When people think of solar power, the first image that tends to come to mind is either a massive solar farm located in a remote desert location, or solar panels installed on top of the roofs of homes and businesses.
While both of these approaches provide customers with clean, renewable energy, Rocky Mountain Institute (RMI) is driving the development of a third technological approach – an approach that supplies the benefits of both utility-scale and individual rooftop solar arrays, while also expanding access to clean energy for underserved communities and low and moderate income households.
RMI believes the so-called “community-scale solar” segment – solar arrays that generate between 0.5 megawatts (MW) and 5 MW per installation and are sited directly within the neighborhoods they serve – sits in an economic sweet spot in the market and represents an opportunity valued at as much as $30 billion.
Subsectors of this segment include both shared solar, in which community members directly purchase capacity or energy, as well as utility-led development of 0.5–5 MW projects on the distribution grid.
Nearly half of all US households currently can’t access rooftop solar because they rent their home, live in dwellings such as a multiunit apartment buildings or high-rise condos, or have a roof unsuitable for solar.
Community-scale solar combines attractive attributes that utility-scale and rooftop solar installations can’t capture
The National Renewable Energy Laboratory reports that 48 per cent of commercial buildings have roofs too small to host on-site solar of any meaningful size. Utilities have also tried to control the development of the community-scale solar market to protect the size of their customer base as new players enter the market.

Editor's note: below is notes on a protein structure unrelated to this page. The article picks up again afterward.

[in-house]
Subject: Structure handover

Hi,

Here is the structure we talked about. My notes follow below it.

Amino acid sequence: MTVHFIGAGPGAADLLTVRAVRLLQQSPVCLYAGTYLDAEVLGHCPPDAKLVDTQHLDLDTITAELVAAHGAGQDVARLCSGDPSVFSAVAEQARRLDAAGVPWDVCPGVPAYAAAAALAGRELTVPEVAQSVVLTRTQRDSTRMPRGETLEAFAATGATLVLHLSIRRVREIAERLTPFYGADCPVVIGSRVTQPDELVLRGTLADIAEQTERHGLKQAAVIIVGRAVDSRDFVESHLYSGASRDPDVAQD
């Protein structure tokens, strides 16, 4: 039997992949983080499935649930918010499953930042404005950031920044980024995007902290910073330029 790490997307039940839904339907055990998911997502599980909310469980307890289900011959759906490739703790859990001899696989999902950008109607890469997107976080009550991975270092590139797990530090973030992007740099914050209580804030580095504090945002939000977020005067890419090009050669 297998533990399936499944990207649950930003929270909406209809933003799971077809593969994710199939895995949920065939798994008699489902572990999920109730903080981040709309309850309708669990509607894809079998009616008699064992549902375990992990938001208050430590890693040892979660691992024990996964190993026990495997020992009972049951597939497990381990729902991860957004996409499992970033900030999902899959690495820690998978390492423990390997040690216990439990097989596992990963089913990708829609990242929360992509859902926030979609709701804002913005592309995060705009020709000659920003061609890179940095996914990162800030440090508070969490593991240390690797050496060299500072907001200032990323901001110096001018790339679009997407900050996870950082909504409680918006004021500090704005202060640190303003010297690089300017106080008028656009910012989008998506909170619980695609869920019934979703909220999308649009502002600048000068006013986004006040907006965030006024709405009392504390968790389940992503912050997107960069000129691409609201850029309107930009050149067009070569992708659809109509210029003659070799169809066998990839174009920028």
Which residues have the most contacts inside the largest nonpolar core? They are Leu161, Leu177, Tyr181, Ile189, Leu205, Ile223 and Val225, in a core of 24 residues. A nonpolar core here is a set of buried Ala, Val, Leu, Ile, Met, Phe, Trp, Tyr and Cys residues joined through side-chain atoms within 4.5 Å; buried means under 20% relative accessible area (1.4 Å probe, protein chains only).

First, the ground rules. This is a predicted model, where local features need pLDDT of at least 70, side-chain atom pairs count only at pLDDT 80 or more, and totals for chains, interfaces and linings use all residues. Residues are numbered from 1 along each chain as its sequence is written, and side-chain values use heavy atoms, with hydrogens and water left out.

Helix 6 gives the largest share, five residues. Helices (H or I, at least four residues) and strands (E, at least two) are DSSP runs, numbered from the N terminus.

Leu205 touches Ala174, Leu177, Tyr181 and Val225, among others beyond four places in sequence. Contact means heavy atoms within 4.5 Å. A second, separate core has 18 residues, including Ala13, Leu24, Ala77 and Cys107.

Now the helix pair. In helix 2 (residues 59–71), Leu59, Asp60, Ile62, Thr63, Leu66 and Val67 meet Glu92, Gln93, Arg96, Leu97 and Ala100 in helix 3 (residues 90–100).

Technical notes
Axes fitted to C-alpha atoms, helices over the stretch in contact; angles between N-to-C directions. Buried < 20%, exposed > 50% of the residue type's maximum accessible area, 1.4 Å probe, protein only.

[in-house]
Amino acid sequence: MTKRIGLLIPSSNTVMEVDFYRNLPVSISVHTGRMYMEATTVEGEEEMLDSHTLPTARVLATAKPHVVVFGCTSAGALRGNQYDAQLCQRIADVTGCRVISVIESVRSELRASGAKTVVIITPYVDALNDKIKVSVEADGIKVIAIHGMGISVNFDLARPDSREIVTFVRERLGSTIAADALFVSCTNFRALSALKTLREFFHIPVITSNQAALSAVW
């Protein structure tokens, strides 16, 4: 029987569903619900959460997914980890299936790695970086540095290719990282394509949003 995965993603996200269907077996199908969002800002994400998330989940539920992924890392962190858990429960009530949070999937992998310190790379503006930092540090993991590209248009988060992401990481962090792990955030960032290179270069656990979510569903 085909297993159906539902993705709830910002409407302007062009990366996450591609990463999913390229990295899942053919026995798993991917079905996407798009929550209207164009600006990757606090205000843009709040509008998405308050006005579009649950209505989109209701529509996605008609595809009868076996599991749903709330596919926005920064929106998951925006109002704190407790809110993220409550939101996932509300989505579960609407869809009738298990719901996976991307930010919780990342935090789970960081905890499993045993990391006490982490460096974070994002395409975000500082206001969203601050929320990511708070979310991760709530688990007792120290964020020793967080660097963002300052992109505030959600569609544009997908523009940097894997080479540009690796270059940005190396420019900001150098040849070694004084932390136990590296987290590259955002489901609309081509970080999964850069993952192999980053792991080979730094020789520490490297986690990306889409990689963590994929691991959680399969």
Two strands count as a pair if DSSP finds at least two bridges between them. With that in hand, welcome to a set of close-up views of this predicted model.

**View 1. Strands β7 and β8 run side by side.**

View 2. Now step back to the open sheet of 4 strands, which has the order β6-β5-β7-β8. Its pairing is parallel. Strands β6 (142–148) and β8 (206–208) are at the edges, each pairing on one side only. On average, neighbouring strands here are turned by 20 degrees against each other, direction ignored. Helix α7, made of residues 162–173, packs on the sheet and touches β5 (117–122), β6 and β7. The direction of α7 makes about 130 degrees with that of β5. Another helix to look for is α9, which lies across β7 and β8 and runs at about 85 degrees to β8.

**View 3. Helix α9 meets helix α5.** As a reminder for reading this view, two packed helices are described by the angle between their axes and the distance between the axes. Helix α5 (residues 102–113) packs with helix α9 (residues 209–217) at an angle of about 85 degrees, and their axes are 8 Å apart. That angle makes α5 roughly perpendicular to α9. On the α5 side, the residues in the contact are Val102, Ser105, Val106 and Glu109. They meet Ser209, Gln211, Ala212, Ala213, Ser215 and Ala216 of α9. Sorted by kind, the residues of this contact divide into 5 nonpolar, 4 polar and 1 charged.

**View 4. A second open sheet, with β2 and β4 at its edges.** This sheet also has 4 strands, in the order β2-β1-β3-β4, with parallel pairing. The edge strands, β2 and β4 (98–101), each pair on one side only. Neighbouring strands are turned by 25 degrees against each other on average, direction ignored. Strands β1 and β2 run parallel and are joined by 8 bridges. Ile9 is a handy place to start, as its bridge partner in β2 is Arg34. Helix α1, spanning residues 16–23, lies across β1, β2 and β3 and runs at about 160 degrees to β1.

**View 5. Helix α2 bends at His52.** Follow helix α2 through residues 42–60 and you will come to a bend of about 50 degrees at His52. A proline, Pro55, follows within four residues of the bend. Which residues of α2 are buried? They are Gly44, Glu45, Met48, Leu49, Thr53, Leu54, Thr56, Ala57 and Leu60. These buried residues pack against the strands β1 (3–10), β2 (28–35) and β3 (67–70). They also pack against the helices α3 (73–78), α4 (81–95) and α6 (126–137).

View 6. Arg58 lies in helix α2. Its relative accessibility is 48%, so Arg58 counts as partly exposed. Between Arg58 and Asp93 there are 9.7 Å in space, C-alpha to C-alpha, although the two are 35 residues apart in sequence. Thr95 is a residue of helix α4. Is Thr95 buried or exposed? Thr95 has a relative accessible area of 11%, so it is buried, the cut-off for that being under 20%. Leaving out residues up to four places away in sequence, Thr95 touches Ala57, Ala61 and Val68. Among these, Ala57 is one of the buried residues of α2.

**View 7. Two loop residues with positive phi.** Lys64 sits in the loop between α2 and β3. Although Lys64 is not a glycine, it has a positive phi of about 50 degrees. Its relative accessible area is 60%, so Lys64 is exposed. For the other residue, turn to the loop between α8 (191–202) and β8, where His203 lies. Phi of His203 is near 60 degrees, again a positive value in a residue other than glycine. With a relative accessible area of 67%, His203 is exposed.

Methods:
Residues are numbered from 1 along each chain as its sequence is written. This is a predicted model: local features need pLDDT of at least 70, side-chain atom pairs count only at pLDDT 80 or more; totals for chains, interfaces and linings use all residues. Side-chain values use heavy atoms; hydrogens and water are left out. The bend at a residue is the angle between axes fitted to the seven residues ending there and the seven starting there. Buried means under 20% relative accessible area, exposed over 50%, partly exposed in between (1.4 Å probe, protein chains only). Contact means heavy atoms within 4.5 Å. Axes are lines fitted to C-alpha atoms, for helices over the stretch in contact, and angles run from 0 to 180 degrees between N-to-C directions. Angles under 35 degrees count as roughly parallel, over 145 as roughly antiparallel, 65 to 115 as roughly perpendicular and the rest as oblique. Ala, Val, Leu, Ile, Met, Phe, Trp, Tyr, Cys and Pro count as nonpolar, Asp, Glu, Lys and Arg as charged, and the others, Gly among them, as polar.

Watch the RMI video below to learn more about the opportunities in community-scale solar
By occupying a middle ground, community-scale solar combines attractive attributes that utility-scale and rooftop solar installations can’t capture. For example, community-scale solar installations can access the economies of scale found in utility-scale solar – making it economically competitive without subsidies – while also providing the benefits of a distributed energy resource, such as the ability to sell excess stored power back to the grid.
The RMI team is working with communities, utilities, and solar developers to build a more transparent, standardized approach to help expand market access for community-scale solar installations. We’re continually expanding our network to both raise awareness of the benefits of this technology, and simplify the process to help stakeholders determine how community-scale solar can help lower electricity costs and bring more clean energy onto the grid.
RMI is working directly with electric cooperatives in both Colorado and New Mexico, as well as communities in New York State, to develop community-scale solar installations for local residents. RMI expects these developments will deliver clean, renewable solar power that is at least 30 per cent less expensive than their current electricity costs.
We’re excited to be on the frontlines of the national build-out of this clean, low-cost power source, helping to bring the many benefits of community-scale solar to new neighborhoods across the country. We expect this market segment may experience a compound annual growth rate of 30 per cent over the next 5 years, which is unprecedented for the solar industry.
That figure may increase even further as the industry begins to fully understand the economic opportunity community-scale solar presents. We fully anticipate seeing market disruption in this segment, as investments are made to develop solutions that address the customer base of community-scale solar. In all, 30 GW – equivalent to the output of 60 average-sized coal plants – is up for grabs in a market segment worth billions of dollars.
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